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Jordan’s aura too big to match

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There’s a reason Michael Jordan’s globally recognized logo is of him as a basketball player and not as an NBA executive.

In the latter his feet would never leave the ground.

Yet to an impressionable 23-year-old like Lance Stephenson, MJ at 51 remains cutting-edge cool despite past administrative missteps.

He is the hoops yardstick in virtually every way, and it will be this way as long as we have easily accessible film footage reminding us of Jordan the player.

When said yardstick boarded a private jet and flew all the way to Las Vegas to try out his best sales pitch, Stephenson was going to listen.

Stephenson signed early Wednesday morning to be a member of Jordan’s Charlotte Hornets for no less than the next three seasons.

One NBA icon (Indiana Pacers president Larry Bird) snubbed. Another icon (Jordan) thrilled.

Indiana’s extremely generous contract offer of five years for $44 million equates to $8.8 million per season. Compare this to the $9 mil Stephenson will pocket annually in Charlotte and, yes, it’s beyond puzzling.

My feeling is Stephenson would still be with the Pacers if anyone other than Jordan was the Hornets owner.

Understandably intoxicated by the MJ aura, the versatile 6-foot-5 guard/forward opted for the teal-coated upstart franchise rather than stay with the Pacers, a legitimate title contender with Stephenson in the lineup.

Give Jordan credit. He played his strength and won.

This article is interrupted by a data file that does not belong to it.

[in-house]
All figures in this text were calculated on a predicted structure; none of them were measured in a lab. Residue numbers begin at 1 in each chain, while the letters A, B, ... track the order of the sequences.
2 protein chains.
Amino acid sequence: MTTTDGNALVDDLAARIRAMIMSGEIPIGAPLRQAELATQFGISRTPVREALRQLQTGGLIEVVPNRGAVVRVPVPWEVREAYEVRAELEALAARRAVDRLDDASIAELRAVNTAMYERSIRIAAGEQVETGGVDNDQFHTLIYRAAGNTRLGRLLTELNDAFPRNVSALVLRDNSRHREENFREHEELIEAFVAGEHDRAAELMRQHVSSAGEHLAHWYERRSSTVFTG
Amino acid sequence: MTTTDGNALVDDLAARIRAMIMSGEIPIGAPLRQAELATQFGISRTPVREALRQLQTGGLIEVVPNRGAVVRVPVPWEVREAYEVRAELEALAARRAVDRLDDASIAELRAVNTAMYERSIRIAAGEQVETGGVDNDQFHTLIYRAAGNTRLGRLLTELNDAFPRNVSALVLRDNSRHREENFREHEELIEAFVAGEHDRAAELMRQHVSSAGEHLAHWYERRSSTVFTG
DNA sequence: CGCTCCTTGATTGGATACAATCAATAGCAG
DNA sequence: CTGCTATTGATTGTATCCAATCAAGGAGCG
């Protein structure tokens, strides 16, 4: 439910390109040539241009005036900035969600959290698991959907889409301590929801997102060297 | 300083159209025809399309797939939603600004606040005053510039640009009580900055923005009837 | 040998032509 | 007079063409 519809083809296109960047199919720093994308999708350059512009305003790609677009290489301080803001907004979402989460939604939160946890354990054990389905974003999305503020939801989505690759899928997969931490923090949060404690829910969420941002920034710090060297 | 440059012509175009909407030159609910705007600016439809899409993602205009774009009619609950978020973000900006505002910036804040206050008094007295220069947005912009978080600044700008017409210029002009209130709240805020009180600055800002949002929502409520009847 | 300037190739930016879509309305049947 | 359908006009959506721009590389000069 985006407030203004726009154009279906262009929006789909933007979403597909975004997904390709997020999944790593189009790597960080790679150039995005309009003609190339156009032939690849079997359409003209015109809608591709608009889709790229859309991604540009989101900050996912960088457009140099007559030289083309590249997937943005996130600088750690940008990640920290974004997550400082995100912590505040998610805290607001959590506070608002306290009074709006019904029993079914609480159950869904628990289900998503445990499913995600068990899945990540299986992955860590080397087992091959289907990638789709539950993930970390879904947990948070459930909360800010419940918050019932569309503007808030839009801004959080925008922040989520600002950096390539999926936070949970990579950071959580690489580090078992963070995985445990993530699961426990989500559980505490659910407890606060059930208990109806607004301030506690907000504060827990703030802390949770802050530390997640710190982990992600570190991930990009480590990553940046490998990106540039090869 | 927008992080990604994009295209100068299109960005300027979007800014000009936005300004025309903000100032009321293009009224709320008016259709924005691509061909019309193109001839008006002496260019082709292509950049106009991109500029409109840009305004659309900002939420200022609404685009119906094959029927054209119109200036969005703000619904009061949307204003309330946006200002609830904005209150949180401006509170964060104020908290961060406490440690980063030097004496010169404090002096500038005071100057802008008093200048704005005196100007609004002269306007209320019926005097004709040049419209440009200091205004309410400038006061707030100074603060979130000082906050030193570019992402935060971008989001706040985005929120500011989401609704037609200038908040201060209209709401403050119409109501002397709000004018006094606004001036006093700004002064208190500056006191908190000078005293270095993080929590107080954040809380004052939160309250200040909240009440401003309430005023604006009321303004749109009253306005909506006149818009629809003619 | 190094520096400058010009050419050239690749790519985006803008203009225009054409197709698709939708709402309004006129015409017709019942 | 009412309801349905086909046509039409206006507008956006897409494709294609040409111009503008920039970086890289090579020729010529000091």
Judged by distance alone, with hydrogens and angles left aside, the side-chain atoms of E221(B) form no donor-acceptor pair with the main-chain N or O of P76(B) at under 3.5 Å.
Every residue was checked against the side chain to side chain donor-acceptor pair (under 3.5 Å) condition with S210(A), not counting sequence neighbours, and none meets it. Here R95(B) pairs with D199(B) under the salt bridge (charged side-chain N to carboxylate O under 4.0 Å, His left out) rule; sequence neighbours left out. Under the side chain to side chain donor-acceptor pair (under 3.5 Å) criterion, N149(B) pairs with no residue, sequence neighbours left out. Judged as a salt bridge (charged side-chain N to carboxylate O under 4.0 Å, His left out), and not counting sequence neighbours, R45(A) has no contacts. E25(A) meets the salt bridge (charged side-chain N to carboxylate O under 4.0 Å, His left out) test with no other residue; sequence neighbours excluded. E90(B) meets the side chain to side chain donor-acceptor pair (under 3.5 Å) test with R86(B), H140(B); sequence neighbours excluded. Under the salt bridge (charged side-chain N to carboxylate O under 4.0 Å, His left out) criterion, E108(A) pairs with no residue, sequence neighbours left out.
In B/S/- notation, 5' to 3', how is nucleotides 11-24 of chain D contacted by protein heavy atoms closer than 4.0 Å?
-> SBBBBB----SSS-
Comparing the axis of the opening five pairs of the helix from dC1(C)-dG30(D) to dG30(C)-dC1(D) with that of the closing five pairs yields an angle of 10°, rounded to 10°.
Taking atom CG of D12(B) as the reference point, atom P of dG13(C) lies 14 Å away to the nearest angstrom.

Give Stephenson credit. Sensing his ear-blowing ways were rubbing a growing percentage of Pacers fans and teammates the wrong way, he opted for a change of scenery and still netted a substantial pay increase.

Give the Pacers credit.

They presented a contract

offer that was more than fair to an erratic and temperamental four-year veteran who has never been an NBA All-Star, but lost out.

Instead of continuing to play alongside a budding superstar like Paul George, Stephenson now gets to start in the backcourt with Hornets point guard Kemba Walker and drop entry passes to 6-10 center Al Jefferson.

A No. 8 seed in last season’s Eastern Conference playoffs, expect Charlotte to improve to 7 or 6 status with Stephenson on the roster.

But no higher.

Indiana, meanwhile, can either insert newly acquired 6-6 swingman C.J. Miles into Stephenson’s old starting spot or come up with a different plan.

Anticipate George’s game and reputation to step forward in a big way in 2014-15 with Stephenson gone. Still the Pacers will have a hard time living up to the product responsible for two straight Eastern Conference Finals appearances.

Part of me is happy for Stephenson, but I feel for Bird. French Lick’s favorite son poured more patience and loyalty into Stephenson than others in his position would have.

It was a strange union, all right — the country kid from southern Indiana steadfast in his belief of the ticking time bomb from the streets of New York City.

I remember walking by the large window at the north end of Bankers Life Fieldhouse last summer, the one that with blinds open allows passers-by to see the practice court used by the Pacers and the WNBA’s Indiana Fever.

The gym on this day had only two occupants — a sweat-coated Stephenson, who was tirelessly releasing perimeter jump shots from various points on the floor, and Bird, seated in a folding chair with arms crossed and not saying a word.

Through good times and bad, inside gyms noisy and silent, Bird always had Lance’s back.

It will be interesting to see if Jordan does, too.

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